A National Alliance for Youth Sports resource helping coaches, parents and administrators provide the best youth sports experiences for children.
Summer sanity: Keeping youth sports on track
By Linda Alberts
The benefits of youth sports seem to be a panacea for developing our country’s next generation. Do you want to raise a humble child who values teamwork, isn’t afraid to work hard and can persevere through failure? Then sign them up for youth sports.
But youth sports have gotten dangerously off track from their purpose in many communities.
Too many kids suffer from overuse injuries. Kids’ bodies are breaking down before they even hit their peak. A recent study led by Columbia University Medical Center found that almost half of young baseball players have been encouraged to keep playing despite experiencing arm pain. To add fuel to the fire, separate research from the Rush University Medical Center revealed that 56.7 percent of Ulnar Collateral Ligament Reconstruction (UCLR), also known as Tommy John surgeries, performed during 2007-2011 was on 15- to 19-year-old children.
And for what? For the temporary glory of being the best player that season? For the potential of an athletic scholarship, or a chance to go pro? What happens in 30 years, after the child becomes an adult who most likely did not make it to the pros and has a broken down body to remind them of their time in youth sports?
Many families find themselves with packed schedules during the sports season, especially if they have many kids playing sports or participating in other activities. With every moment planned, they are on a strict timeline. It can be downright stressful and meaningful family moments get lost in the shuffle.
According to a survey conducted by i9 Sports, 68 percent of moms polled say their children’s involvement in youth sports causes stress in their lives; 53 percent say youth sports have robbed them of time for holidays, weekends and free time; and 65 percent of working mothers say their children’s sports interfere with their jobs.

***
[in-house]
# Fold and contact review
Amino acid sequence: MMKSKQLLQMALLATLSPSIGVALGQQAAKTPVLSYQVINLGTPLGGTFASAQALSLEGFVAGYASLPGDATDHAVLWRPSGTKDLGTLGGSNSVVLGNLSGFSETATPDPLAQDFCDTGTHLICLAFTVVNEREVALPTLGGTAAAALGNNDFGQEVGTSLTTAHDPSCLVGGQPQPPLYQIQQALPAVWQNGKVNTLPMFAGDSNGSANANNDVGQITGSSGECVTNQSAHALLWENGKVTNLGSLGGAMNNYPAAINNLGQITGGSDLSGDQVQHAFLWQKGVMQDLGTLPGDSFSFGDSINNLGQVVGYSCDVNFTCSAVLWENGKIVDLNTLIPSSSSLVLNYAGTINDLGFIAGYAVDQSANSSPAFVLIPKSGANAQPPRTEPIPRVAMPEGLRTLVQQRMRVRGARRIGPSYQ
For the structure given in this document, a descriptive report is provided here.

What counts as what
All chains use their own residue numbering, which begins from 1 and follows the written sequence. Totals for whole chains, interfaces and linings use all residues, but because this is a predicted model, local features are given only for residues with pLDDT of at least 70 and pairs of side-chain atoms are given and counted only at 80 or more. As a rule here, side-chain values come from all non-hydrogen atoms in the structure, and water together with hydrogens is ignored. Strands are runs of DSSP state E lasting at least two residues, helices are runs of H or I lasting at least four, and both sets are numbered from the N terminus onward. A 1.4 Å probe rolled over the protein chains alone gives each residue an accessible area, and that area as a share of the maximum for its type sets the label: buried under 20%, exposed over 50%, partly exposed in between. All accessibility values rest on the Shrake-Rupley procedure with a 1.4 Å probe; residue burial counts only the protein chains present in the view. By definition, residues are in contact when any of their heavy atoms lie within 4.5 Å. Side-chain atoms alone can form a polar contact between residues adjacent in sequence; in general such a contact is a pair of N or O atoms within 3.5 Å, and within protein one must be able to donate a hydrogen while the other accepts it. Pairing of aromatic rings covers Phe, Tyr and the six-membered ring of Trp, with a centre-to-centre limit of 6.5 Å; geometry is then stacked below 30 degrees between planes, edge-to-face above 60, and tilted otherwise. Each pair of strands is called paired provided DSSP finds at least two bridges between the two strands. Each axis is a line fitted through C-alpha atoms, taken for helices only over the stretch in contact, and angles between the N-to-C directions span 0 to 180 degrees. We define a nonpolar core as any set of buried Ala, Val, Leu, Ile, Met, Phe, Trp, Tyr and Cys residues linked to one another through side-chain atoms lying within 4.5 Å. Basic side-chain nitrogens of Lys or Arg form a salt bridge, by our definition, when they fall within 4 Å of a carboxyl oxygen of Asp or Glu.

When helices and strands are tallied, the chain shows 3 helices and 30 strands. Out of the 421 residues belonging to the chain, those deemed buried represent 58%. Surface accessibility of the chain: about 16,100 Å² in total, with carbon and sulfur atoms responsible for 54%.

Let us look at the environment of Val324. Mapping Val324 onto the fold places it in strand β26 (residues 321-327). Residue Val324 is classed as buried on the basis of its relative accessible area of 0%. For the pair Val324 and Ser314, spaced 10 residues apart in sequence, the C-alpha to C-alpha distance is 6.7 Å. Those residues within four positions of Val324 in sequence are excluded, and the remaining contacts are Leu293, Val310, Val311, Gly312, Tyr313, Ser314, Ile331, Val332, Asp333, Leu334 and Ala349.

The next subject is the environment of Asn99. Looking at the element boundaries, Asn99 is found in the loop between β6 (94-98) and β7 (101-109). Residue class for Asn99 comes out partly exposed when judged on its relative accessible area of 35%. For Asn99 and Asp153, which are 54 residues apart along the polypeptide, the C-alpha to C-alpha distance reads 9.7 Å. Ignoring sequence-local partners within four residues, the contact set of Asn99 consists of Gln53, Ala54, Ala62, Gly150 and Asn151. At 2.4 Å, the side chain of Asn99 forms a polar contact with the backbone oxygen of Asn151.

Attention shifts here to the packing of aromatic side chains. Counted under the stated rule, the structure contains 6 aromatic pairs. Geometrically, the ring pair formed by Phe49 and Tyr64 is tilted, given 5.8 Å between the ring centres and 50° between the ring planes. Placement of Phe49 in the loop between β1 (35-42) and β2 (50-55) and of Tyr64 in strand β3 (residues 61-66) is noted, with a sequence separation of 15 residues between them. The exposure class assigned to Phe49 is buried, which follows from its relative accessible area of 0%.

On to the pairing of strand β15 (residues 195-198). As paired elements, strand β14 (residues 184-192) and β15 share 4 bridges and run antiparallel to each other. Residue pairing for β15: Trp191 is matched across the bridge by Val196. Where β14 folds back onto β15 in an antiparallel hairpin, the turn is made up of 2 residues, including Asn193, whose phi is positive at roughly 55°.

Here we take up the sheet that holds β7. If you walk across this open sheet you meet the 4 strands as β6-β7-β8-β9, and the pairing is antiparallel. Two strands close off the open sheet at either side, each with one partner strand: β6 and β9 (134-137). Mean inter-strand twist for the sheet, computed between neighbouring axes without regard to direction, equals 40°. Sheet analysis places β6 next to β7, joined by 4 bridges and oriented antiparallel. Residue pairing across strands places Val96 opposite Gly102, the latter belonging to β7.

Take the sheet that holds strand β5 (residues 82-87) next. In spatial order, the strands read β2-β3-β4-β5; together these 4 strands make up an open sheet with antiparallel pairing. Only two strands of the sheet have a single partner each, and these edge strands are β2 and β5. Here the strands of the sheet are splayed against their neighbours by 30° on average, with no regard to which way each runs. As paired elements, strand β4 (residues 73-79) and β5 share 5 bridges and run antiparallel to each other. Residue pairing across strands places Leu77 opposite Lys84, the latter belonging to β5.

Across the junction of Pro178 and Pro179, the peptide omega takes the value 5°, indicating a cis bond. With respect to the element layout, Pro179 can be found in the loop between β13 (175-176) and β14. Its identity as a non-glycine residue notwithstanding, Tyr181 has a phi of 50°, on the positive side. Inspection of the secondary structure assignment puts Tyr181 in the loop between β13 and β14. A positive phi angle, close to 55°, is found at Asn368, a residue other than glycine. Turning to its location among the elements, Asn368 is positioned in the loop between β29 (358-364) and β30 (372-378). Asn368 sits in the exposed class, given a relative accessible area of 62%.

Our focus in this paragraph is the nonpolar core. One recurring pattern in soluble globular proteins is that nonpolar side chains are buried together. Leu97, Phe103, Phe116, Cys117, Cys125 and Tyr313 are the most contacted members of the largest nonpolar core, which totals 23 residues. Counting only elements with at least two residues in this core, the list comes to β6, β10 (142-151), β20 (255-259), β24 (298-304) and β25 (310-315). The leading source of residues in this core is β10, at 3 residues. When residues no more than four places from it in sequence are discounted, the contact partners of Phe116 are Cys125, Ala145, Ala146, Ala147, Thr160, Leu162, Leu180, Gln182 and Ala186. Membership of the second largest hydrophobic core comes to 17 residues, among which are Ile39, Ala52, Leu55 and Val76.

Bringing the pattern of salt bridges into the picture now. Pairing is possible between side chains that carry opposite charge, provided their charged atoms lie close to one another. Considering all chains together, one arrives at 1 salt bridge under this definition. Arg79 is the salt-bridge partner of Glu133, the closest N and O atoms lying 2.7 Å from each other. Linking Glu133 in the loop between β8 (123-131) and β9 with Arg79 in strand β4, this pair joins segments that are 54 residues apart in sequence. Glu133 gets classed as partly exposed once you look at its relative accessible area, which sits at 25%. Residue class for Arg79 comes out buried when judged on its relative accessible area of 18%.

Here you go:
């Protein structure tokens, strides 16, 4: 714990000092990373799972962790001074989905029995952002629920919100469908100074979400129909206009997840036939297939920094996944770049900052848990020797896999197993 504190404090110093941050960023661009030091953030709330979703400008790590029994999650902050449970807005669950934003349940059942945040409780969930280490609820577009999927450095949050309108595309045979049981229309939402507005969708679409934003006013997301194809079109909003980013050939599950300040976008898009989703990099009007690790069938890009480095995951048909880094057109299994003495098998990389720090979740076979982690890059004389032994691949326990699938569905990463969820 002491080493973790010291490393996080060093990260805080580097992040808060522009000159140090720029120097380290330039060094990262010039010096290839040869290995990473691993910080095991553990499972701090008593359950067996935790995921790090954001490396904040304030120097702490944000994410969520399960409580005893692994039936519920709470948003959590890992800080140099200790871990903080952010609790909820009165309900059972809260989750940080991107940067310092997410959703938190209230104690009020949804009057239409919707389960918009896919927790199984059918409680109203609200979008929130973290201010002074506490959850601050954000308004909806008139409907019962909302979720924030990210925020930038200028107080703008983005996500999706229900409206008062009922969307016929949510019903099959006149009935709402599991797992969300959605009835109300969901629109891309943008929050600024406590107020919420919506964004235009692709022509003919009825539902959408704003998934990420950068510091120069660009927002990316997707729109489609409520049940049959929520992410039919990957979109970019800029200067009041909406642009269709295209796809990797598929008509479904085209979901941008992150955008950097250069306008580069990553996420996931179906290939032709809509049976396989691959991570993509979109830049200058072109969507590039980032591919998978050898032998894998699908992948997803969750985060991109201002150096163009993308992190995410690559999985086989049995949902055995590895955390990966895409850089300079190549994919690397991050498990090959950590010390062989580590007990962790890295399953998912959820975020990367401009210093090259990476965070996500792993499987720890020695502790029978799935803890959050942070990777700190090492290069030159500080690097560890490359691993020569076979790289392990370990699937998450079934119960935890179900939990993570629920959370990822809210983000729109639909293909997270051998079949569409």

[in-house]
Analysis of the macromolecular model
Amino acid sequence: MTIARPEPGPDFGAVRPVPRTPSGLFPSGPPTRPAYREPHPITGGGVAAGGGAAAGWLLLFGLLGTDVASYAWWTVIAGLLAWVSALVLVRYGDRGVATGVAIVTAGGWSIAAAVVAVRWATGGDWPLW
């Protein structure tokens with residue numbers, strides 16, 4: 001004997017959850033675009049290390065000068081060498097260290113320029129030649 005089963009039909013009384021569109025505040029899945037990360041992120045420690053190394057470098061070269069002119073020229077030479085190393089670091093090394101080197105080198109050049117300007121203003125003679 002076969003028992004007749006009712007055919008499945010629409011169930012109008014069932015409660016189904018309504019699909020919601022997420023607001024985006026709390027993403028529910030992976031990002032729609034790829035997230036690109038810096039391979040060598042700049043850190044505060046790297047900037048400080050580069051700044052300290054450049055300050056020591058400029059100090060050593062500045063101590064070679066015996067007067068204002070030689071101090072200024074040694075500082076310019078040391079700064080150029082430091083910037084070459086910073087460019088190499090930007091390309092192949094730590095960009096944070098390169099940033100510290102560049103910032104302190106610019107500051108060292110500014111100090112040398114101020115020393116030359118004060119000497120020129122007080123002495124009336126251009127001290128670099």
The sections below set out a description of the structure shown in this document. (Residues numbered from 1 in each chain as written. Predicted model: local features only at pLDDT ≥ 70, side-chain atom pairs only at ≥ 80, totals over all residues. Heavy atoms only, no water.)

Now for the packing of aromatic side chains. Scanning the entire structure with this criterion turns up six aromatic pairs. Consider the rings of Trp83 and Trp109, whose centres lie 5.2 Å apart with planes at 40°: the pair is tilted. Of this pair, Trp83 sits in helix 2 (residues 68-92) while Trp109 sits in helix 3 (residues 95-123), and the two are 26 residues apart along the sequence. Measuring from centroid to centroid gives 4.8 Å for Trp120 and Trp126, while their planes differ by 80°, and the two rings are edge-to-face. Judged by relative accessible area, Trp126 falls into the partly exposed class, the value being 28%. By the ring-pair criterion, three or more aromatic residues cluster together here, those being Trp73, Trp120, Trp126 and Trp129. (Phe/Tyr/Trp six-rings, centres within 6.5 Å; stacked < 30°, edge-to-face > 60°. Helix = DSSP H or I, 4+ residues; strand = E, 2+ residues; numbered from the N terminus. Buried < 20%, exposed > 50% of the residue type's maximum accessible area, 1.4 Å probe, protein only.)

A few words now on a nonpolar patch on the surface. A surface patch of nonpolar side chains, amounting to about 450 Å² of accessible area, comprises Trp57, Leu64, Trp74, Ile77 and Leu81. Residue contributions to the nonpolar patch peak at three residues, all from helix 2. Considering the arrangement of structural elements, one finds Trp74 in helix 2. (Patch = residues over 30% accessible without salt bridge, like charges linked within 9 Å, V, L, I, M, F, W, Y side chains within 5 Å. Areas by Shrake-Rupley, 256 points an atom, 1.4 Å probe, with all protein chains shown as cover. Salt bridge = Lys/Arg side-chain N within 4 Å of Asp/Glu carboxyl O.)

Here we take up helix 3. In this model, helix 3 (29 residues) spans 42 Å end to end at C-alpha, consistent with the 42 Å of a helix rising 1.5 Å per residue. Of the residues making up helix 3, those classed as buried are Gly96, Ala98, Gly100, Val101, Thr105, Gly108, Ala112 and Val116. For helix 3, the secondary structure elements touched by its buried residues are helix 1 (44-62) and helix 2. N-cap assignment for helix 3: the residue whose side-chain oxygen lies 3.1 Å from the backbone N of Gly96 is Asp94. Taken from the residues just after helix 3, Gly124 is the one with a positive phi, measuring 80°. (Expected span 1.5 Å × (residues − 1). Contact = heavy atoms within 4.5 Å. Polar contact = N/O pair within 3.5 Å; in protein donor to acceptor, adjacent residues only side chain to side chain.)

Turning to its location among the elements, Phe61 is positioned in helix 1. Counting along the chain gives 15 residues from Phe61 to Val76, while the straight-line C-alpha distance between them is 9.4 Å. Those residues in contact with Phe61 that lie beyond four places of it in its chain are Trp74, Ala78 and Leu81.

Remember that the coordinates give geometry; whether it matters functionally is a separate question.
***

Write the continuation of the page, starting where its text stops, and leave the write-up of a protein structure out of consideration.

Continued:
But youth sports itself isn’t to blame for any of this. With our permission, sports have evolved into an invasive activity that cuts into precious time, wallets and impedes our children’s health.
However, it doesn’t have to stay that way. By focusing on a few key actions, parents can reshape the youth sports landscape and make better youth sports for kids. Here are three ways parents can bring sanity back to youth sports:
REMEMBER THAT YOUTH SPORTS ARE FOR THE KIDS
Youth sports should always be child-centric. What happens on the field, court or rink has nothing to do with you. It sounds harsh, but remember, this is your child’s moment. They are creating their story.
Parents should be supportive of their child whether they make the game-winning shot or completely miss their mark. Your job is to guide them through this experience because there is more at stake than the numbers on the scoreboard.
How they learn to deal with losses, a wrong call, a missed shot or even positive outcomes like winning or becoming a star player offer crucial life lessons and character development opportunities.
So that is why youth sports are for the kids. Plus, it’s fun.
ENCOURAGE KIDS TO PLAY MULTIPLE SPORTS
The rise of overuse injuries in youth sports is often a result of early sport specialization. “Cross training with different sports works different muscle groups and skills,” says Dr. Robert Klitzman, assistant professor of clinical orthopaedic surgery at Indiana University School of Medicine.